The following focuses on an opinion article by Jack Shafer, Politico’s senior media writer.
Two Politico reporters plastered the internet this week with the scoop of their lives, puncturing the Supreme Court’s sacrosanct veil of secrecy.
The leak of Justice Samuel Alito’s draft opinion that appears to reverse 1973’s Roe v. Wade decision was a jolt felt around the country, and described by many as very bad for those inside the walls of the high court.
Although leaks have trickled out of the court before, this disclosure is a big deal prompting Chief Justice John Roberts to issue an investigation into the source of the leak, calling it “an affront to the Court.”
But the court has long occupied a sacred and mythic place in the national consciousness, a place that the court itself has cultivated. Although the justices are political appointees, the court pretends to rise above politics. It conducts its work under a veil and depends on the press to fetishize the mysteries of the temple.
It derives its authority not from the people but from the cosmos, the court’s deifiers would have you believe. Hence the robes that rival Batman’s cape, the court’s ban on cameras and the grand edifice from which it hands down its rulings. But this exalted view of the court, we must remind ourselves, is not a part of the natural order. It is of the court’s creation.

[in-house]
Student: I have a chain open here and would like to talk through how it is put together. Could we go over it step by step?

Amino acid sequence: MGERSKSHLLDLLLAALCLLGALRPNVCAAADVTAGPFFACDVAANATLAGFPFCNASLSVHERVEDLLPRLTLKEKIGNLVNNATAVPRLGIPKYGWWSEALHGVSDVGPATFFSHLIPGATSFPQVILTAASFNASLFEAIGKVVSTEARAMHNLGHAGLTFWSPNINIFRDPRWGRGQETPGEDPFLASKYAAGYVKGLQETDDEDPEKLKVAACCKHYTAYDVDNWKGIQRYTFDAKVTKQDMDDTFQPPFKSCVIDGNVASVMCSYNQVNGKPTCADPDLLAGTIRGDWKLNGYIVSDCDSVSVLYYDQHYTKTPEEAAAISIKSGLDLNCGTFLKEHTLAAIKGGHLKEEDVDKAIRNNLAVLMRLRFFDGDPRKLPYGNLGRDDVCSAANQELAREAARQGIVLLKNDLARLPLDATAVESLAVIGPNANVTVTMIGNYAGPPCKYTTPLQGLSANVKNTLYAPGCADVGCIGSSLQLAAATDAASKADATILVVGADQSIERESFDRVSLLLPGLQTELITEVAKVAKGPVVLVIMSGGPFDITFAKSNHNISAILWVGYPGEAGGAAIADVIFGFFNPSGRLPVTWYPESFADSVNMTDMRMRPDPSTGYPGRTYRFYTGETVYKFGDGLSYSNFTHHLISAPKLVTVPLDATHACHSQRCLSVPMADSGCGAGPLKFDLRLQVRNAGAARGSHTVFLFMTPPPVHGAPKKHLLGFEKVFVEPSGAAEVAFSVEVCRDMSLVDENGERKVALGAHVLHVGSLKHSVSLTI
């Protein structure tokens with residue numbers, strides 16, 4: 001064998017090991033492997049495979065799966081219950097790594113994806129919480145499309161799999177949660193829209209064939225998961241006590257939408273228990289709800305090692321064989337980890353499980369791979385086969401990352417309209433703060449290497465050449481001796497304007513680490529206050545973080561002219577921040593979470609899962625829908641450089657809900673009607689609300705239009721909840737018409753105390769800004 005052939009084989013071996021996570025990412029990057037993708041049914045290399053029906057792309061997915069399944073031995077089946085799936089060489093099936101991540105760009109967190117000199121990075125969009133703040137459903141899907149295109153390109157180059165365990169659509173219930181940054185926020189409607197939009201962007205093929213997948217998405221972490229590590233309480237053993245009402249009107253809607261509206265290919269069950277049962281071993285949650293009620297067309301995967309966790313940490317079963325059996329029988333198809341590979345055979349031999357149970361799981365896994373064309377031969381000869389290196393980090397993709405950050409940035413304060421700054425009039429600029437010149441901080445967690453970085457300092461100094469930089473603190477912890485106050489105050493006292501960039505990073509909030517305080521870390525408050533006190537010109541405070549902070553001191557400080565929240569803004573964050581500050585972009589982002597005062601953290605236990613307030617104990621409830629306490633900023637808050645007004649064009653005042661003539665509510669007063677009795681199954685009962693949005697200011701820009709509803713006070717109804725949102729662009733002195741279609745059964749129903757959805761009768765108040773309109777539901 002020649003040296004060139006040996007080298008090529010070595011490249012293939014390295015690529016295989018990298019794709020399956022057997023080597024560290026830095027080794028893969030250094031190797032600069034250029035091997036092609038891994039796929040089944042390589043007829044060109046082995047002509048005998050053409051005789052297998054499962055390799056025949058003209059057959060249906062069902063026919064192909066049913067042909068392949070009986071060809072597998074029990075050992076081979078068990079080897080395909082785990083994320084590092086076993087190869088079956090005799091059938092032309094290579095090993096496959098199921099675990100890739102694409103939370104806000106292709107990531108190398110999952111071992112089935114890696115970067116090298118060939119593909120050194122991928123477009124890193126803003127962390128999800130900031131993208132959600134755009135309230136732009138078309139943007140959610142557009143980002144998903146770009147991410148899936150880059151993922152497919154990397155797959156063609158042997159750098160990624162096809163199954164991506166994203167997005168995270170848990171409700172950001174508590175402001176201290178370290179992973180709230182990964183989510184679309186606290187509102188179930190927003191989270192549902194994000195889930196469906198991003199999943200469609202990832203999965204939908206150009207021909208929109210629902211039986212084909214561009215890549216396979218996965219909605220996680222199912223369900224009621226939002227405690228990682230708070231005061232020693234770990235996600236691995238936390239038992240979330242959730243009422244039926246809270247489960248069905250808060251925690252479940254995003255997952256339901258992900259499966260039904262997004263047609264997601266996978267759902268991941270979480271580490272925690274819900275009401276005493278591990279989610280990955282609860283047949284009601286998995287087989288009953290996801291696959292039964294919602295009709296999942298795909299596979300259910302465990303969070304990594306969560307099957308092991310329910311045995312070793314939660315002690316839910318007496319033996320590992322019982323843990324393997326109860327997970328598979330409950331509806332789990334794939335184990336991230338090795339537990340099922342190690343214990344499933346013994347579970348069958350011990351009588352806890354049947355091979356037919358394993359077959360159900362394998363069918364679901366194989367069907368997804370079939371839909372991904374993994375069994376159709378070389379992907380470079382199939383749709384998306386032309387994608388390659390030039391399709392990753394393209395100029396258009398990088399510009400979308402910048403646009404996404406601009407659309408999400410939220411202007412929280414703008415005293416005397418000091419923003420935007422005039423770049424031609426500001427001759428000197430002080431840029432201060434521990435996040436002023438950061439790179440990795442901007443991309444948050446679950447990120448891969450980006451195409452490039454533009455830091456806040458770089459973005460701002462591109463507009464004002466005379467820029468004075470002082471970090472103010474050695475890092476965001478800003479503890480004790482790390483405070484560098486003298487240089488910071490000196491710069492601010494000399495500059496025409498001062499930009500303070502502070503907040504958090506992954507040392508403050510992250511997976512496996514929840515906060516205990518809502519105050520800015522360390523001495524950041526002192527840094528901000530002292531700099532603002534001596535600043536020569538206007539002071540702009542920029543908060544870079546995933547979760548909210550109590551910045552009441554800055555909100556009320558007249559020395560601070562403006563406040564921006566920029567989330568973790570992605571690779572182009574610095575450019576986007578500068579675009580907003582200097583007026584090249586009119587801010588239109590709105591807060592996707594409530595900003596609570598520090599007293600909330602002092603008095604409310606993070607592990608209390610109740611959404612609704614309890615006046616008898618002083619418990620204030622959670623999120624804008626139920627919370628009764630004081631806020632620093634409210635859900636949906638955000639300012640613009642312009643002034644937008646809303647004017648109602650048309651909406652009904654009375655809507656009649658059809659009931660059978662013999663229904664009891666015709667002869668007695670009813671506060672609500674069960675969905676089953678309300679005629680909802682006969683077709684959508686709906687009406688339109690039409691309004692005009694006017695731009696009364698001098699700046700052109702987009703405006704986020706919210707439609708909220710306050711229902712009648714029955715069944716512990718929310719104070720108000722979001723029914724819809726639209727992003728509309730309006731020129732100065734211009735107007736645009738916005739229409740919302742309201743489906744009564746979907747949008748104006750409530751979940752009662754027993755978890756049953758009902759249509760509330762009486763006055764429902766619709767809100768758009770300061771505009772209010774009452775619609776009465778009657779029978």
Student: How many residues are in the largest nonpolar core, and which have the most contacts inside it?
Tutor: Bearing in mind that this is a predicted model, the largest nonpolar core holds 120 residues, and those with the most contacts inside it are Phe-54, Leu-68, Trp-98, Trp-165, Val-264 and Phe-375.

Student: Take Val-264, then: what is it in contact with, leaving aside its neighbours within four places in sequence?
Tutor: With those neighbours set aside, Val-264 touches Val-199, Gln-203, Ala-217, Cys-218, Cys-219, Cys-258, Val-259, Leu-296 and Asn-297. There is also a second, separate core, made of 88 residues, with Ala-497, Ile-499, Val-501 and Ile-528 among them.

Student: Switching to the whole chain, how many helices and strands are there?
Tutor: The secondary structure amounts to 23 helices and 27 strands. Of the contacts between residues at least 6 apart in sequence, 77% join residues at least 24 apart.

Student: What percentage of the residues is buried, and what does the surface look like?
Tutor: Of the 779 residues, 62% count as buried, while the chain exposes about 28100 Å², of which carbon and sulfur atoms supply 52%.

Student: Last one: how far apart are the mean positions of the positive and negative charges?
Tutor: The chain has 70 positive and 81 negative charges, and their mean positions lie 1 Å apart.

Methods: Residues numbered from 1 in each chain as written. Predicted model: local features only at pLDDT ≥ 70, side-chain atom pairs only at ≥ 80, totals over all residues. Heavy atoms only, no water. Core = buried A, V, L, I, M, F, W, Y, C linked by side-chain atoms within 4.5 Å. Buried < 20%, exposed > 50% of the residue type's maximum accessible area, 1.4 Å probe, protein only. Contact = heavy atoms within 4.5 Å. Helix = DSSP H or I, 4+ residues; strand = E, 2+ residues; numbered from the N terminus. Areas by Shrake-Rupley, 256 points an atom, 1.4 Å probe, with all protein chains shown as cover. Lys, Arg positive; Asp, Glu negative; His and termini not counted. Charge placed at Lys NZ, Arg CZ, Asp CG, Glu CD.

The POLITICO exclusive did the nation a service by ignoring the magic fairy dust that envelops the court to take an overdue look at the court’s decision-making process. The story was all the more warranted because if we had a viable Congress, it would have sorted out the legality of abortion by now. Instead, we’ve shunted to the Supreme Court the job of legislating what the abortion law should be. Viewed from that angle, the POLITICO scoop is less an intrusion into the Supreme Court’s sanctified domain than it is an investigation into a piece of evolving legislation.
The leak has obviously dinged the Supremes’ legal supremacy for the moment. They will recover. But the upside of the leak is grand. The public has gained a new awareness of where a court majority plans to take the nation after a half-century of legal abortion. Getting a two- or three-month preview of that plan in a midterm year straight from the horse’s pen amounts to a journalistic coup of the highest order. The government works to keep you in the dark. The press to shine the light. Heaven bless the press.
See the entire opinion here at Politico.
NPR also covered how the ‘Roe v. Wade’ leak has drawn attention to how journalists cover the Supreme Court. Listen below.